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Context-aware systems for chronic disease patients : scoping review. / Yin, Kathleen; Laranjo, Liliana; Tong, Huong Ly; Lau, Annie Y. S.; Kocaballi, A. Baki; Martin, Paige; Vagholkar, Sanjyot; Coiera, Enrico.

In: Journal of Medical Internet Research, Vol. 21, No. 6, e10896, 17.06.2019, p. 1-8.

Research output: Contribution to journalReview articleResearchpeer-review

TY - JOUR

T1 - Context-aware systems for chronic disease patients

T2 - Journal of Medical Internet Research

AU - Yin,Kathleen

AU - Laranjo,Liliana

AU - Tong,Huong Ly

AU - Lau,Annie Y. S.

AU - Kocaballi,A. Baki

AU - Martin,Paige

AU - Vagholkar,Sanjyot

AU - Coiera,Enrico

N1 - Copyright the Author(s) 2019. Version archived for private and non-commercial use with the permission of the author/s and according to publisher conditions. For further rights please contact the publisher.

PY - 2019/6/17

Y1 - 2019/6/17

N2 - Background: Context-aware systems, also known as context-sensitive systems, are computing applications designed to capture, interpret, and use contextual information and provide adaptive services according to the current context of use. Context-aware systems have the potential to support patients with chronic conditions; however, little is known about how such systems have been utilized to facilitate patient work. Objective: This study aimed to characterize the different tasks and contexts in which context-aware systems for patient work were used as well as to assess any existing evidence about the impact of such systems on health-related process or outcome measures. Methods: A total of 6 databases (MEDLINE, EMBASE, CINAHL, ACM Digital, Web of Science, and Scopus) were scanned using a predefined search strategy. Studies were included in the review if they focused on patients with chronic conditions, involved the use of a context-aware system to support patients' health-related activities, and reported the evaluation of the systems by the users. Studies were screened by independent reviewers, and a narrative synthesis of included studies was conducted. Results: The database search retrieved 1478 citations; 6 papers were included, all published from 2009 onwards. The majority of the papers were quasi-experimental and involved pilot and usability testing with a small number of users; there were no randomized controlled trials (RCTs) to evaluate the efficacy of a context-aware system. In the included studies, context was captured using sensors or self-reports, sometimes involving both. Most studies used a combination of sensor technology and mobile apps to deliver personalized feedback. A total of 3 studies examined the impact of interventions on health-related measures, showing positive results. Conclusions: The use of context-aware systems to support patient work is an emerging area of research. RCTs are needed to evaluate the effectiveness of context-aware systems in improving patient work, self-management practices, and health outcomes in chronic disease patients.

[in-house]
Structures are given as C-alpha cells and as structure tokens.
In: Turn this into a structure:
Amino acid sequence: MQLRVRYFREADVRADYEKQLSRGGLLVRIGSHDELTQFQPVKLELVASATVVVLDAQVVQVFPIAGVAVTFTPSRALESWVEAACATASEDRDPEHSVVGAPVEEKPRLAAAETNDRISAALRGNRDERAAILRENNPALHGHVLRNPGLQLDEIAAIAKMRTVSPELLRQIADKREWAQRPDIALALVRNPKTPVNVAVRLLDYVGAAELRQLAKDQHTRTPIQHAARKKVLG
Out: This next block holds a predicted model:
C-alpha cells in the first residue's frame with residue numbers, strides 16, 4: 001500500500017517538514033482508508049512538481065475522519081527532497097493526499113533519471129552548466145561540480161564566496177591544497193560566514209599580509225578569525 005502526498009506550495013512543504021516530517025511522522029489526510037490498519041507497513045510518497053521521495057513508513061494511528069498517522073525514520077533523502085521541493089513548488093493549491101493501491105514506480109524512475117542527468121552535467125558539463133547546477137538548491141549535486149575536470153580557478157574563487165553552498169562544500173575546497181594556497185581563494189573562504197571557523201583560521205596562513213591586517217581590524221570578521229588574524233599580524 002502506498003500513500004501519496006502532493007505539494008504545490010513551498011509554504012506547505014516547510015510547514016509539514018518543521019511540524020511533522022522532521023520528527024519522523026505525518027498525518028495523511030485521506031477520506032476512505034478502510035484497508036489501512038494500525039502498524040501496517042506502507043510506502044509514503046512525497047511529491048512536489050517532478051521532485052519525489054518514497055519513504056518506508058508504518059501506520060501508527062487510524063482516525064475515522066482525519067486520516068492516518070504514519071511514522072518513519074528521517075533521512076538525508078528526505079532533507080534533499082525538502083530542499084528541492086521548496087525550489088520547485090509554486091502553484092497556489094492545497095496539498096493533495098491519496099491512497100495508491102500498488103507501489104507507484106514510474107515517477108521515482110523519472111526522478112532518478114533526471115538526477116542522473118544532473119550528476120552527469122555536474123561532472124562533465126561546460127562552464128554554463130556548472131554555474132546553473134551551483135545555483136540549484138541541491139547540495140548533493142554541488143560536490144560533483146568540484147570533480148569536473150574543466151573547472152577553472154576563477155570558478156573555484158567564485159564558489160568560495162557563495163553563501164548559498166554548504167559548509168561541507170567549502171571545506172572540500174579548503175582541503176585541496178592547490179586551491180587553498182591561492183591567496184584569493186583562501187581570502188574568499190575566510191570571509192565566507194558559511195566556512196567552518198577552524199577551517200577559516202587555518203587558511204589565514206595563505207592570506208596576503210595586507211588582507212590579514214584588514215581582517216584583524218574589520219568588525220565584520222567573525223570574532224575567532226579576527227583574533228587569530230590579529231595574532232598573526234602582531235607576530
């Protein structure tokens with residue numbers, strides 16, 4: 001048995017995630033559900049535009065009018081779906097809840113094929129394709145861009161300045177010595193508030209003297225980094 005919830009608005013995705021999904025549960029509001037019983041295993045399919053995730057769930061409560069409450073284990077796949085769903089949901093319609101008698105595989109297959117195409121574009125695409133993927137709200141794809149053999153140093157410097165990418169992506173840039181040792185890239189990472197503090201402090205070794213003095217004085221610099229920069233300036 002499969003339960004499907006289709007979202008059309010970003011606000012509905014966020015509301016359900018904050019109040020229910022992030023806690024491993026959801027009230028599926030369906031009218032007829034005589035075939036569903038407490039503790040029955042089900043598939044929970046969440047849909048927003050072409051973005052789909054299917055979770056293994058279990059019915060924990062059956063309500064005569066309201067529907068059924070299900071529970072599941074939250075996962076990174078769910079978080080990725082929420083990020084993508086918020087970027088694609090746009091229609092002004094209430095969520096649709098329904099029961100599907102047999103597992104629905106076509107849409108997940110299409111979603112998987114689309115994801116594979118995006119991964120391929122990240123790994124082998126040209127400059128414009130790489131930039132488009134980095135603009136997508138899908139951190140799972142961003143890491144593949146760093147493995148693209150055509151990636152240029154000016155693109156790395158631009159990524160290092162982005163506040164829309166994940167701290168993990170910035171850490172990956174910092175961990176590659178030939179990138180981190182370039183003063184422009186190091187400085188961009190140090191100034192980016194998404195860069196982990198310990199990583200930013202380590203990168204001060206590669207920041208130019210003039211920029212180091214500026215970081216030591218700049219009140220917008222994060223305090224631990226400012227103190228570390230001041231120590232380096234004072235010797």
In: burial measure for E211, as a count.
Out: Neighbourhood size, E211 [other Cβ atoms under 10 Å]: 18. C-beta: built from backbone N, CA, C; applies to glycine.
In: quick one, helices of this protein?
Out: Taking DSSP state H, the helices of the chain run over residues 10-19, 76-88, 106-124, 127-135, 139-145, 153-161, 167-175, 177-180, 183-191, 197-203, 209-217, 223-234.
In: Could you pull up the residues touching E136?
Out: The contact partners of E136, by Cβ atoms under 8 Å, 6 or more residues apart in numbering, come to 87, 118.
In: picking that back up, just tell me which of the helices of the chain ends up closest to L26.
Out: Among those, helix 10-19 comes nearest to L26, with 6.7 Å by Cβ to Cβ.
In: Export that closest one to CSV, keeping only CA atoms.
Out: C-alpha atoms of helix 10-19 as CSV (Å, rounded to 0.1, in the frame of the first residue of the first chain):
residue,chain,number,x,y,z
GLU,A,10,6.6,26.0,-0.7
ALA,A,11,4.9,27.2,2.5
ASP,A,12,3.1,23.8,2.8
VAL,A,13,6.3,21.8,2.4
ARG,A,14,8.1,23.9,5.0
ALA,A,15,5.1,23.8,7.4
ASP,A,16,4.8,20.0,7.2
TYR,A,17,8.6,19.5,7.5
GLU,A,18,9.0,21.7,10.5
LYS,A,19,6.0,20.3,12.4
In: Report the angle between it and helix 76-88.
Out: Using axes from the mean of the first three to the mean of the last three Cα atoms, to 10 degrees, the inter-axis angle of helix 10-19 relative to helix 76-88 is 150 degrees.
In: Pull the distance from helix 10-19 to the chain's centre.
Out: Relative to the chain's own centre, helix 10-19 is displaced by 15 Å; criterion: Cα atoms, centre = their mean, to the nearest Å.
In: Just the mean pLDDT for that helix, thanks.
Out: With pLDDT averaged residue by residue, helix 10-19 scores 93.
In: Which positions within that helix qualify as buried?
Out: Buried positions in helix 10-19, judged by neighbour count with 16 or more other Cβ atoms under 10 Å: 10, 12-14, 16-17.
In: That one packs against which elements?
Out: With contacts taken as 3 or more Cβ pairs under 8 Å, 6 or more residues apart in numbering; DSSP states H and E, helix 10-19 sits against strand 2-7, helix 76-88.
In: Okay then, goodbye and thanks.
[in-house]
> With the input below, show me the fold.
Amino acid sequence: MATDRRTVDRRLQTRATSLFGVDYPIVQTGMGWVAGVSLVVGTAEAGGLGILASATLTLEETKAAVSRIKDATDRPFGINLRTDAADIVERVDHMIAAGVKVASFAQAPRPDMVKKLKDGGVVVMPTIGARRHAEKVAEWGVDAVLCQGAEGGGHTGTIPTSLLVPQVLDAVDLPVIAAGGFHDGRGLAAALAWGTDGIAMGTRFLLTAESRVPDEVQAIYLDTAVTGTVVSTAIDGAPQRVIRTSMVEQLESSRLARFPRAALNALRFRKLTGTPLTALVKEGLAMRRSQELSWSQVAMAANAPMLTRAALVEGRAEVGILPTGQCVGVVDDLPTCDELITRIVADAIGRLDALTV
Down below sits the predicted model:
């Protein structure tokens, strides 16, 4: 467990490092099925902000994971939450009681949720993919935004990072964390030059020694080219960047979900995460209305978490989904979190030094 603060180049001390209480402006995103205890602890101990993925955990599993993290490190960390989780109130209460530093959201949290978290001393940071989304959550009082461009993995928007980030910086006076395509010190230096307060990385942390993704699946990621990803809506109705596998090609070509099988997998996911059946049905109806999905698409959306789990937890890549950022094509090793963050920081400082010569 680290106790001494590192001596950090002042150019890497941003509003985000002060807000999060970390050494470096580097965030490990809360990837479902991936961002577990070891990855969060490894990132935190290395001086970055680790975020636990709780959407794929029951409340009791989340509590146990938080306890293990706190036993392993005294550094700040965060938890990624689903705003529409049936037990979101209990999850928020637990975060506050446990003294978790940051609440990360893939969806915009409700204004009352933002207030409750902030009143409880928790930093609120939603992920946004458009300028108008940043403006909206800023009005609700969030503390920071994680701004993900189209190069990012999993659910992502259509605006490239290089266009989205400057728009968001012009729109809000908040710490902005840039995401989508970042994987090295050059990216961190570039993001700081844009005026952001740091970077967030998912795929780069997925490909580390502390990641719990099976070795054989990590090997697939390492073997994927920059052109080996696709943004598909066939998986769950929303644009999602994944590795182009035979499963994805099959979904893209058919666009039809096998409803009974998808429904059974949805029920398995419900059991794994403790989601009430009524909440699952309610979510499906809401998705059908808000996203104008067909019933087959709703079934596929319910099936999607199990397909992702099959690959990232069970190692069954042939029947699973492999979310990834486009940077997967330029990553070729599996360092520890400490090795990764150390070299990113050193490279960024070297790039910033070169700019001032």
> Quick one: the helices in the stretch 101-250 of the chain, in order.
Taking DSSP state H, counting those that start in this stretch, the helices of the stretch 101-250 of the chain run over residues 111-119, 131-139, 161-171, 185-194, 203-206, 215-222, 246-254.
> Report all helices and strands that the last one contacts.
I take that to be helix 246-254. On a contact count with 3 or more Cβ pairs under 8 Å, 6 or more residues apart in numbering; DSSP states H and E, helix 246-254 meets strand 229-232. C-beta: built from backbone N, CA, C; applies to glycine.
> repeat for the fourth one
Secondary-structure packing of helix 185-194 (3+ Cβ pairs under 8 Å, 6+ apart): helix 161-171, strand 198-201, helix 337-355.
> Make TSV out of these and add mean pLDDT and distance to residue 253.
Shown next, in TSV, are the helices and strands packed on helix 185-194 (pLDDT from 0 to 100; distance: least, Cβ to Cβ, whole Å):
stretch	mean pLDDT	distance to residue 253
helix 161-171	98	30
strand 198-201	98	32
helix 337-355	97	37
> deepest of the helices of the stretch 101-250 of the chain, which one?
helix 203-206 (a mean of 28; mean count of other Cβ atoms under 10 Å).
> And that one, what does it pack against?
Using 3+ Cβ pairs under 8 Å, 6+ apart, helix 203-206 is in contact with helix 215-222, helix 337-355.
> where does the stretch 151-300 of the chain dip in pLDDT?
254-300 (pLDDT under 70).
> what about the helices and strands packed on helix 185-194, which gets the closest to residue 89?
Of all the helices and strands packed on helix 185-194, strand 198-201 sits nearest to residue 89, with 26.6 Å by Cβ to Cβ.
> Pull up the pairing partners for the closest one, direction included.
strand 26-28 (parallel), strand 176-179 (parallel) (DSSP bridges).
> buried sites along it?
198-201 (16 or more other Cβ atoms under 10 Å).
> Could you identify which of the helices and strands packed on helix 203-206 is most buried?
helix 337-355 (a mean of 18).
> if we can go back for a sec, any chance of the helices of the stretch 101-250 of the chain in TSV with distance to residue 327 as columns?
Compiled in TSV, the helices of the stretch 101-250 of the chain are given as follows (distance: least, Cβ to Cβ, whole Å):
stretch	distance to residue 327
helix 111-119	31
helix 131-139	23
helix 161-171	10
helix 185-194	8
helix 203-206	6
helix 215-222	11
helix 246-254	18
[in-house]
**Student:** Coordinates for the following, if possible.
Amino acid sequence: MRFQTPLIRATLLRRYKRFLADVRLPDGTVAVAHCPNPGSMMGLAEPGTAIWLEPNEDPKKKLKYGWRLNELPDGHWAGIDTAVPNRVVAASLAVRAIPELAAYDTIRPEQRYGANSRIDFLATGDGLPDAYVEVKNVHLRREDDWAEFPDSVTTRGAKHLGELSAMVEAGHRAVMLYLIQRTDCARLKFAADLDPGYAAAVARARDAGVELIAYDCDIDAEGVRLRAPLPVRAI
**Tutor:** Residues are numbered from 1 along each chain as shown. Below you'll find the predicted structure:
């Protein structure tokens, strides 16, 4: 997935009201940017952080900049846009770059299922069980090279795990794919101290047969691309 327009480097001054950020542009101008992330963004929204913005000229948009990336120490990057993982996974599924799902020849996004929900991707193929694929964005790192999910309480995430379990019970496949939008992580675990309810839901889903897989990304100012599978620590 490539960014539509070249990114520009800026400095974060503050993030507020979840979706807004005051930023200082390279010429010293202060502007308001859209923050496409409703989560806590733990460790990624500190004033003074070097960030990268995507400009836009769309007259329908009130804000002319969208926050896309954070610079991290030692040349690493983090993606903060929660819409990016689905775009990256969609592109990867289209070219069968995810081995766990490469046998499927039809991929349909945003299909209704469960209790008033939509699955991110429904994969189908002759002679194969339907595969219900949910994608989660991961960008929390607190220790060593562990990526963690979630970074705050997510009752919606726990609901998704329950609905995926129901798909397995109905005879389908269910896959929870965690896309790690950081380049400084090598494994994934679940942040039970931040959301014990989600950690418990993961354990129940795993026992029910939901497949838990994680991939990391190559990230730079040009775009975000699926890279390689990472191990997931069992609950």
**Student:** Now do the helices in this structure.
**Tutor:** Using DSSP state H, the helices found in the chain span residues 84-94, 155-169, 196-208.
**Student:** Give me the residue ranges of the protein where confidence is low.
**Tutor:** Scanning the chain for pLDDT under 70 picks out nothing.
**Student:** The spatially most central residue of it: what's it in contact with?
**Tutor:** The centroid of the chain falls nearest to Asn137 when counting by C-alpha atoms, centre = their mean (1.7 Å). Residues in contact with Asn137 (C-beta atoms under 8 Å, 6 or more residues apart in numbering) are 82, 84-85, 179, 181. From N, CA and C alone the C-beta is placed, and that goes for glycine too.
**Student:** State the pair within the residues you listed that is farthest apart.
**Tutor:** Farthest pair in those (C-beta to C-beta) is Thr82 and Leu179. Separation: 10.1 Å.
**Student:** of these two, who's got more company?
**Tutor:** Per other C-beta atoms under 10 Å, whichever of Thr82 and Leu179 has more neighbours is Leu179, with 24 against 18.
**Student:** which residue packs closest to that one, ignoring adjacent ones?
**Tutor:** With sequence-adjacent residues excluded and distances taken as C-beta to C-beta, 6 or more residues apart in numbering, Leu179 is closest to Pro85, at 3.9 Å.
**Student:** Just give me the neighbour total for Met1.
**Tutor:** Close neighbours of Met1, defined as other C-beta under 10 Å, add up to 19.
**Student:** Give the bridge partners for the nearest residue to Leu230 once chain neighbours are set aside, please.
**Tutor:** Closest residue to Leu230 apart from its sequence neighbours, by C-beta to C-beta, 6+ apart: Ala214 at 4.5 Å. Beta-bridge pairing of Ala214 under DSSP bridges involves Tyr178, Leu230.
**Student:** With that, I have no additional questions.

AB - Background: Context-aware systems, also known as context-sensitive systems, are computing applications designed to capture, interpret, and use contextual information and provide adaptive services according to the current context of use. Context-aware systems have the potential to support patients with chronic conditions; however, little is known about how such systems have been utilized to facilitate patient work. Objective: This study aimed to characterize the different tasks and contexts in which context-aware systems for patient work were used as well as to assess any existing evidence about the impact of such systems on health-related process or outcome measures. Methods: A total of 6 databases (MEDLINE, EMBASE, CINAHL, ACM Digital, Web of Science, and Scopus) were scanned using a predefined search strategy. Studies were included in the review if they focused on patients with chronic conditions, involved the use of a context-aware system to support patients' health-related activities, and reported the evaluation of the systems by the users. Studies were screened by independent reviewers, and a narrative synthesis of included studies was conducted. Results: The database search retrieved 1478 citations; 6 papers were included, all published from 2009 onwards. The majority of the papers were quasi-experimental and involved pilot and usability testing with a small number of users; there were no randomized controlled trials (RCTs) to evaluate the efficacy of a context-aware system. In the included studies, context was captured using sensors or self-reports, sometimes involving both. Most studies used a combination of sensor technology and mobile apps to deliver personalized feedback. A total of 3 studies examined the impact of interventions on health-related measures, showing positive results. Conclusions: The use of context-aware systems to support patient work is an emerging area of research. RCTs are needed to evaluate the effectiveness of context-aware systems in improving patient work, self-management practices, and health outcomes in chronic disease patients.

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KW - medical informatics

KW - mobile applications

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KW - self-management